So we see the disadvantages of affiliating with an ingroup and holding on to beliefs too strongly.  But it’s impossible to not have some sort of worldview.  As Michael Shermer expounds, we are meaning-making machines and demand an interpretive framework to understand the world and humans around us.  We can’t function without beliefs, assumptions, and values.  But that’s not to say that one group doesn’t hold a better set of heuristics that minimizes these biases over another.  I believe that a philosophical point of view to be found in free thought.  It’s less likely to be plagued by bias since its very nature is to be skeptical of it in the first place.  The following definition of it is most applicable.  Since free thought relies on empiricism like science does, then an assumption or hypothesis can be disputed and discarded.  By contrast, an ideology or religion has undisputed truths that would probably never be overturned.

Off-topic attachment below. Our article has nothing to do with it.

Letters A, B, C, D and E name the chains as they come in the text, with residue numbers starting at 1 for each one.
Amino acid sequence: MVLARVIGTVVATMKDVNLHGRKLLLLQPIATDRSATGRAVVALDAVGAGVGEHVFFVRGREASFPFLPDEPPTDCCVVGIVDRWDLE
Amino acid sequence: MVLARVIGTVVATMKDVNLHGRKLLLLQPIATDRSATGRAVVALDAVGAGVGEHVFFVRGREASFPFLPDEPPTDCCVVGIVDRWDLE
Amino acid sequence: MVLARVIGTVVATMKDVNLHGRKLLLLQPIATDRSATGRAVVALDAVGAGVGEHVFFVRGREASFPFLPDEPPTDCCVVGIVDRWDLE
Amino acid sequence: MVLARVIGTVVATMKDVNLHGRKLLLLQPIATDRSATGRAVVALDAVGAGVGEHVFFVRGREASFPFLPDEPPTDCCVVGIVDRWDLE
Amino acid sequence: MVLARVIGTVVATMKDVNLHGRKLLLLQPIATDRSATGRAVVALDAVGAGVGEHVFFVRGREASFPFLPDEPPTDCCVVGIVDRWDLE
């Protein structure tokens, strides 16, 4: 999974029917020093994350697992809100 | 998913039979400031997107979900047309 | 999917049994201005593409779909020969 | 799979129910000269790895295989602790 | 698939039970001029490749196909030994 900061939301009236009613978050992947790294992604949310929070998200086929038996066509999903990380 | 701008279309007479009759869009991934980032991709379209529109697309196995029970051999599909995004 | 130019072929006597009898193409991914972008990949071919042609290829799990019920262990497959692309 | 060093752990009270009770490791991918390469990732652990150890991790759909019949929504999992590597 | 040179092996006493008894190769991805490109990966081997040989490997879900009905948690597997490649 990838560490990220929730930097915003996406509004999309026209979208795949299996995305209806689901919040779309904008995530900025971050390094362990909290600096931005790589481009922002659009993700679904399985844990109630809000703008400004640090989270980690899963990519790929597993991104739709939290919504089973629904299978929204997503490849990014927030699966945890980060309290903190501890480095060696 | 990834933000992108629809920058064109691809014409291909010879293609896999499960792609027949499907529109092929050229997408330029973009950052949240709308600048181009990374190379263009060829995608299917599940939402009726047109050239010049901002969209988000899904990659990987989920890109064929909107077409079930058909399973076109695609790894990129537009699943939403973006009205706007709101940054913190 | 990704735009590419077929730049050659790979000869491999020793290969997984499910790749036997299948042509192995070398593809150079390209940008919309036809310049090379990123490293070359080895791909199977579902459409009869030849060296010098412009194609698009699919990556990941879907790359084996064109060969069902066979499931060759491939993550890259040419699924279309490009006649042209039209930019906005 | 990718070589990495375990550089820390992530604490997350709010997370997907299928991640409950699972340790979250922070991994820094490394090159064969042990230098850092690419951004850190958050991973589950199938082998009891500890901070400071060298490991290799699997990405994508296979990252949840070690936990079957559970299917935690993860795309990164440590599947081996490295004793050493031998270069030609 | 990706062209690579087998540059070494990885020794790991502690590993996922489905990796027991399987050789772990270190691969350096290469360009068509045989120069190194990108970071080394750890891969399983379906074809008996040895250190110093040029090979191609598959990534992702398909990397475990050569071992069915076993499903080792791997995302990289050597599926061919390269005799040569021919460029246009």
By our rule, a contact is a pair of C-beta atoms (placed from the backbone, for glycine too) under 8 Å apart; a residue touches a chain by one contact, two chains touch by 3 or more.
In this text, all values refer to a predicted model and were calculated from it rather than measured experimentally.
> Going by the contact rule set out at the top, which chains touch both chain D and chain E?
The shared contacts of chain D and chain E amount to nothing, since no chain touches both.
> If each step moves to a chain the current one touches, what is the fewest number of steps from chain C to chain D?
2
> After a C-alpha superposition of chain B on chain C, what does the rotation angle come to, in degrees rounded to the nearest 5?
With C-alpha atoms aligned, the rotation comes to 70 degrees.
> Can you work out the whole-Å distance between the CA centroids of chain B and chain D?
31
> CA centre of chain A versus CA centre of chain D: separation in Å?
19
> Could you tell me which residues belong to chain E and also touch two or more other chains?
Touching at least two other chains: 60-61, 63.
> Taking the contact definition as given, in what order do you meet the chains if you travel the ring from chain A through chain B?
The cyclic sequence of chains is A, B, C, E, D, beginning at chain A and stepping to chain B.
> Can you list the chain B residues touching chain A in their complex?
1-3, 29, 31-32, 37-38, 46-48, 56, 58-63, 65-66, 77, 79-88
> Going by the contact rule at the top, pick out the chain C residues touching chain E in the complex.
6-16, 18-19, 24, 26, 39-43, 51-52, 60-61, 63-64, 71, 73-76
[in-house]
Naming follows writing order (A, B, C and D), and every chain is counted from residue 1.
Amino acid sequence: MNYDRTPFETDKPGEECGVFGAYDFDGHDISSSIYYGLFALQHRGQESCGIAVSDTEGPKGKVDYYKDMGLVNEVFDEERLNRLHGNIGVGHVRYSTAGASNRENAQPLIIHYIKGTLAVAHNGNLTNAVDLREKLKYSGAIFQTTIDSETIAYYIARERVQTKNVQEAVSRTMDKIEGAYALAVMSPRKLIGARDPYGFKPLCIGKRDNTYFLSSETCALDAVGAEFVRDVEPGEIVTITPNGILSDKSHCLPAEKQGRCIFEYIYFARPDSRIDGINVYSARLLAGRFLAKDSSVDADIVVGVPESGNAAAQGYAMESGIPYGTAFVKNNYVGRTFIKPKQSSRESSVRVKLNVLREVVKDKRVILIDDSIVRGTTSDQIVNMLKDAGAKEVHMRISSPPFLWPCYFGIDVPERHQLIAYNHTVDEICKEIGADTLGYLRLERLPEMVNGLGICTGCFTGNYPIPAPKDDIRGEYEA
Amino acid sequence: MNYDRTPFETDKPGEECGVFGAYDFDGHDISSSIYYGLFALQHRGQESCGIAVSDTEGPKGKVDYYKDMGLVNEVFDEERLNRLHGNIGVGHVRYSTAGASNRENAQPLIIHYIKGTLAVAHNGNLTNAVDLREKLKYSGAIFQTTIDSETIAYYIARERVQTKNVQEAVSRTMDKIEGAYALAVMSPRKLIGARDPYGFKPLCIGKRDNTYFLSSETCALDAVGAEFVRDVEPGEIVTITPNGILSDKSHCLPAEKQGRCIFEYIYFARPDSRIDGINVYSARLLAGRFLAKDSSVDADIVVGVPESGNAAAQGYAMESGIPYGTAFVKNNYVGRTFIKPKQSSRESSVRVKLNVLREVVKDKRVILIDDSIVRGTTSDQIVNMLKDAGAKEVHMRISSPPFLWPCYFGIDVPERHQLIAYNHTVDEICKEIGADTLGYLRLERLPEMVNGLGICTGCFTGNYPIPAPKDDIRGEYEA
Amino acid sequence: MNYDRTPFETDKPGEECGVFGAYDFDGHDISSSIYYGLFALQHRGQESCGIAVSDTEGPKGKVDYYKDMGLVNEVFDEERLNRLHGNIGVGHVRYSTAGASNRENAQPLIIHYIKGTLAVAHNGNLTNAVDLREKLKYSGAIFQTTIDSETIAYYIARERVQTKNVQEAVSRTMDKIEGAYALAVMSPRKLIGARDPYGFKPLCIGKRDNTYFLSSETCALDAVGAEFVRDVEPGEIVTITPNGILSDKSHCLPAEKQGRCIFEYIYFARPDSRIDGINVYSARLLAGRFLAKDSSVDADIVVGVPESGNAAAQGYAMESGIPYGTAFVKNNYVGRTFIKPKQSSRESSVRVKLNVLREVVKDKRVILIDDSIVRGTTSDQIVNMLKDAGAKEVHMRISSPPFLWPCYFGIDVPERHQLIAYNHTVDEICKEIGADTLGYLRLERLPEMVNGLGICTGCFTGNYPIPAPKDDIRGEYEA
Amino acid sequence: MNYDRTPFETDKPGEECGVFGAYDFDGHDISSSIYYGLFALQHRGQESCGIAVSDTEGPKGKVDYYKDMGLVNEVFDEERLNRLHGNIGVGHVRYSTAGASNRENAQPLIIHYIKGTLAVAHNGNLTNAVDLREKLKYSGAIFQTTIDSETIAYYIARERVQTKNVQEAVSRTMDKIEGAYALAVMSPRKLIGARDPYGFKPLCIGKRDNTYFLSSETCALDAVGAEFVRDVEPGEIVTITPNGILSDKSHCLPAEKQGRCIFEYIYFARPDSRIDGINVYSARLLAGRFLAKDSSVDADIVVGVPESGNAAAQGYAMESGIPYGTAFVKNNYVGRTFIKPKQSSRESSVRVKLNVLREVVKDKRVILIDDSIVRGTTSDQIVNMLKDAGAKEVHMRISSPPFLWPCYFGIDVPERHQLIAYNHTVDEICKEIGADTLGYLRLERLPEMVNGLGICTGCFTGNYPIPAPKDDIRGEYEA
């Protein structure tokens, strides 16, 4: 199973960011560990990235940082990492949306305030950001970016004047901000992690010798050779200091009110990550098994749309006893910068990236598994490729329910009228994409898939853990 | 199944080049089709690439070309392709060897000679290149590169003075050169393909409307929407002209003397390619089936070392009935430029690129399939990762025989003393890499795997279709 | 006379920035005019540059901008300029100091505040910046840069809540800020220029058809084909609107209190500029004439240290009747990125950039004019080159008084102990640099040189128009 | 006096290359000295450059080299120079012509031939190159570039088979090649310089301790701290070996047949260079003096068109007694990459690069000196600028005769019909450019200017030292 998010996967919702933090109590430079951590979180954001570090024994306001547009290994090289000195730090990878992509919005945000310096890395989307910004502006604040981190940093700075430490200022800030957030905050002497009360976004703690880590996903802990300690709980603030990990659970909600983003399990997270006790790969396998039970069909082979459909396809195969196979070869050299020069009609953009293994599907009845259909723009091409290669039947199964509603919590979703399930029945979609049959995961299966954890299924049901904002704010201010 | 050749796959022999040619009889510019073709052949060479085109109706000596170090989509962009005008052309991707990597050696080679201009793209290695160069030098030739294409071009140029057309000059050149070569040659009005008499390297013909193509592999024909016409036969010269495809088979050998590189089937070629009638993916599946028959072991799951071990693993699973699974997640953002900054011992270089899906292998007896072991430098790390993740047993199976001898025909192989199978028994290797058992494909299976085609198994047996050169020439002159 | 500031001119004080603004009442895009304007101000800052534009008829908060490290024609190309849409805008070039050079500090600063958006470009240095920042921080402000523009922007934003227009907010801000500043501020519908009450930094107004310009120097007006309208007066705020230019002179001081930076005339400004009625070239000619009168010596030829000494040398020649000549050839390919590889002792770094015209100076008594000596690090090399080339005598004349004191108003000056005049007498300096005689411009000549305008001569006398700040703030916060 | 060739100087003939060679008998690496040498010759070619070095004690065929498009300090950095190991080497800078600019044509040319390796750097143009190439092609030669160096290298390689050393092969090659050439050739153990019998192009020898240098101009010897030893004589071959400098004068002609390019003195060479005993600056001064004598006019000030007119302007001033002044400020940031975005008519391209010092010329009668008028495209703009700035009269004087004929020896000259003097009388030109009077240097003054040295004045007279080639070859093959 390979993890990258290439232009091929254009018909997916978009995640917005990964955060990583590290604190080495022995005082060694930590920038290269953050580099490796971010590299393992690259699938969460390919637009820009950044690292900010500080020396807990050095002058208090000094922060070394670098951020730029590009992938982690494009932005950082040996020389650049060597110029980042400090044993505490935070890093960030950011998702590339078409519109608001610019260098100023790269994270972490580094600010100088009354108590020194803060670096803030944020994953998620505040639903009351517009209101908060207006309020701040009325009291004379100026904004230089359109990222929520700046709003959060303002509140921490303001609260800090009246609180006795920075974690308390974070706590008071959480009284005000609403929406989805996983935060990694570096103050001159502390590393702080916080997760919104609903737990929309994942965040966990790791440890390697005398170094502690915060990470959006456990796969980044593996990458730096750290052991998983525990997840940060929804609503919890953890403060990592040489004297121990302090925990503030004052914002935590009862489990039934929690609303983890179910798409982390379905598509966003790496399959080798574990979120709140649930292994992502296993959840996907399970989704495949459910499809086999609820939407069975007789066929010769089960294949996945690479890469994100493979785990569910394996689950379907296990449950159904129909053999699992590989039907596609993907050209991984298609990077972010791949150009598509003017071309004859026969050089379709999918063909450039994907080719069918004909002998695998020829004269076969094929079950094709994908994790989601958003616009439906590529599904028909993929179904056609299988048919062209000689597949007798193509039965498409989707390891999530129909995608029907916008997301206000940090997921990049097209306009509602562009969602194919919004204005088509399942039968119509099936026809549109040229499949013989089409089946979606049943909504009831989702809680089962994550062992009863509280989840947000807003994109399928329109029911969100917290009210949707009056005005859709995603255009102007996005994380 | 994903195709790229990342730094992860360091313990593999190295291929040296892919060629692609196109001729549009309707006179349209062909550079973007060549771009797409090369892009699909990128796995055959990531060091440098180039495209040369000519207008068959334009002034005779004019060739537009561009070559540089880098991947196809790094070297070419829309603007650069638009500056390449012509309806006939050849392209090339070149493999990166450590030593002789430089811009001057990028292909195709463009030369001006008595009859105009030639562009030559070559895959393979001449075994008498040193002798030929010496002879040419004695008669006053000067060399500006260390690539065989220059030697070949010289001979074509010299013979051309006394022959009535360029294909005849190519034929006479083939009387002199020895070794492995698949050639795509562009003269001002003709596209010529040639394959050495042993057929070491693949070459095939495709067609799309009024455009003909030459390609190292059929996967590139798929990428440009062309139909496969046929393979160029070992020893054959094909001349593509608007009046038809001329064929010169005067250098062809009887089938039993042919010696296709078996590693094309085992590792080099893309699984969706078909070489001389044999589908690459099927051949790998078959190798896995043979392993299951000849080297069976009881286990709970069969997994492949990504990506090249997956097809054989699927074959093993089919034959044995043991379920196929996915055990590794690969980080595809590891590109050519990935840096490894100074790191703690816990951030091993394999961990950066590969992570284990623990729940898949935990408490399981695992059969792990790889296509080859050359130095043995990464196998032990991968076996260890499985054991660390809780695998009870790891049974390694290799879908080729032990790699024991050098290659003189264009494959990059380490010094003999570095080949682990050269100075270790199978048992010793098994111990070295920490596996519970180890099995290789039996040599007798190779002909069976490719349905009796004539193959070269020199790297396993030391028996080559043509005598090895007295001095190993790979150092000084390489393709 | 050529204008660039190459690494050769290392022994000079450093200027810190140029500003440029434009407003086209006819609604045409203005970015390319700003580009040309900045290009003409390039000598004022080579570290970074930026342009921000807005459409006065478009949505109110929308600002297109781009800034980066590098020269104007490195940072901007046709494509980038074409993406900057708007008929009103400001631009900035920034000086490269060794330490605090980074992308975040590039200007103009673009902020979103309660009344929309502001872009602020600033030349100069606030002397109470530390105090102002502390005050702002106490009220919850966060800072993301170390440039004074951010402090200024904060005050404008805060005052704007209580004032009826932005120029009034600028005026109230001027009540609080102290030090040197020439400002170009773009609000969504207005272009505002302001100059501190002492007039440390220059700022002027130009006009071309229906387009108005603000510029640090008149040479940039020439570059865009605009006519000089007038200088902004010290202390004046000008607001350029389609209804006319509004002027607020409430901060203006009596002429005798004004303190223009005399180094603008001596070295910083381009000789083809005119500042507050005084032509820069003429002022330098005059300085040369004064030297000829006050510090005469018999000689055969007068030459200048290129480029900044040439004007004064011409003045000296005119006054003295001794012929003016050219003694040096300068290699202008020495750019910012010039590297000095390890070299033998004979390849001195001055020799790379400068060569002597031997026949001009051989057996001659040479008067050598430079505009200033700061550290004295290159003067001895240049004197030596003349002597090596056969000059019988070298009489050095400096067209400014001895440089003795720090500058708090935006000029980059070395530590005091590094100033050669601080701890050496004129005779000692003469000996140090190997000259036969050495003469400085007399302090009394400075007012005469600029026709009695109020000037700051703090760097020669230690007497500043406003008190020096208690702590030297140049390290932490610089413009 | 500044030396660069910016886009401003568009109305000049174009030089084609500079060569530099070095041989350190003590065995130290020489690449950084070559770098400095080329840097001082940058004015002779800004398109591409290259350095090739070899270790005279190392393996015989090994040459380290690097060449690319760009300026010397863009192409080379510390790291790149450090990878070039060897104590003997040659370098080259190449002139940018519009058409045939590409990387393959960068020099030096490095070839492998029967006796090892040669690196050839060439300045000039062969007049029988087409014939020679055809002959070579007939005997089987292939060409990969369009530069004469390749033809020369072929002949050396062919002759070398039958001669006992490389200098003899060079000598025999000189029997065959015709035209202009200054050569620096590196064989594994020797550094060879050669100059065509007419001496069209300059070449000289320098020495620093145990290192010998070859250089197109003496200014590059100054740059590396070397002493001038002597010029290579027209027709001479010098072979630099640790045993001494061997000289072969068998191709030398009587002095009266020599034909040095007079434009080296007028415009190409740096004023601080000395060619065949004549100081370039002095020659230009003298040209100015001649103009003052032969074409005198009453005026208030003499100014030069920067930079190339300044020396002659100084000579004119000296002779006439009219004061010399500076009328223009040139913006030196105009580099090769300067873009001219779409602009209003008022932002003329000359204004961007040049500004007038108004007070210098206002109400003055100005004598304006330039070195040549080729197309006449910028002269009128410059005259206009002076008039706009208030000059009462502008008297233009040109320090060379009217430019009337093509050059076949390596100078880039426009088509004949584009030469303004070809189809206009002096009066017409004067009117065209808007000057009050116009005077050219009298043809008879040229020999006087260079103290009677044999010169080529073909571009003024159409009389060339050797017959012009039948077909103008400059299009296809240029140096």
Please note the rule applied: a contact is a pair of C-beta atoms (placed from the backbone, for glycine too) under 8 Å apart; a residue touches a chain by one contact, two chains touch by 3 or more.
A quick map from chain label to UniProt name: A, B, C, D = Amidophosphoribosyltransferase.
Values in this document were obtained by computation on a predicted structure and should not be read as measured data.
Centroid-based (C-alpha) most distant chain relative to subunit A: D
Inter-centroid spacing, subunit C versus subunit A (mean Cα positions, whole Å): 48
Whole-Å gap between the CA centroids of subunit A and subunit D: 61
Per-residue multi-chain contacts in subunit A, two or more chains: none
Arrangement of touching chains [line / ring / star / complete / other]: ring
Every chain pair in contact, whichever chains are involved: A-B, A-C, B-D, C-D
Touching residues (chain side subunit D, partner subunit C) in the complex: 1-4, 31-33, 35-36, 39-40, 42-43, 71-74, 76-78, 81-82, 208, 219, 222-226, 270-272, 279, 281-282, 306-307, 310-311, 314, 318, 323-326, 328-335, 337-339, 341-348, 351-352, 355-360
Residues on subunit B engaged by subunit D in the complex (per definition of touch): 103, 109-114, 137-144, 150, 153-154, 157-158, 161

Free thought — is a philosophical viewpoint which holds that positions regarding truth should be formed on the basis of logicreason, and empiricism, rather than authoritytraditionrevelation, or other dogma.  The cognitive application of freethought is known as “freethinking”, and practitioners of freethought are known as “freethinkers”.  Freethinkers are heavily committed to the use of scientific inquiry, and logic. The skeptical application of science implies freedom from the intellectually limiting effects of confirmation biascognitive biasconventional wisdompopular cultureprejudice, or sectarianism.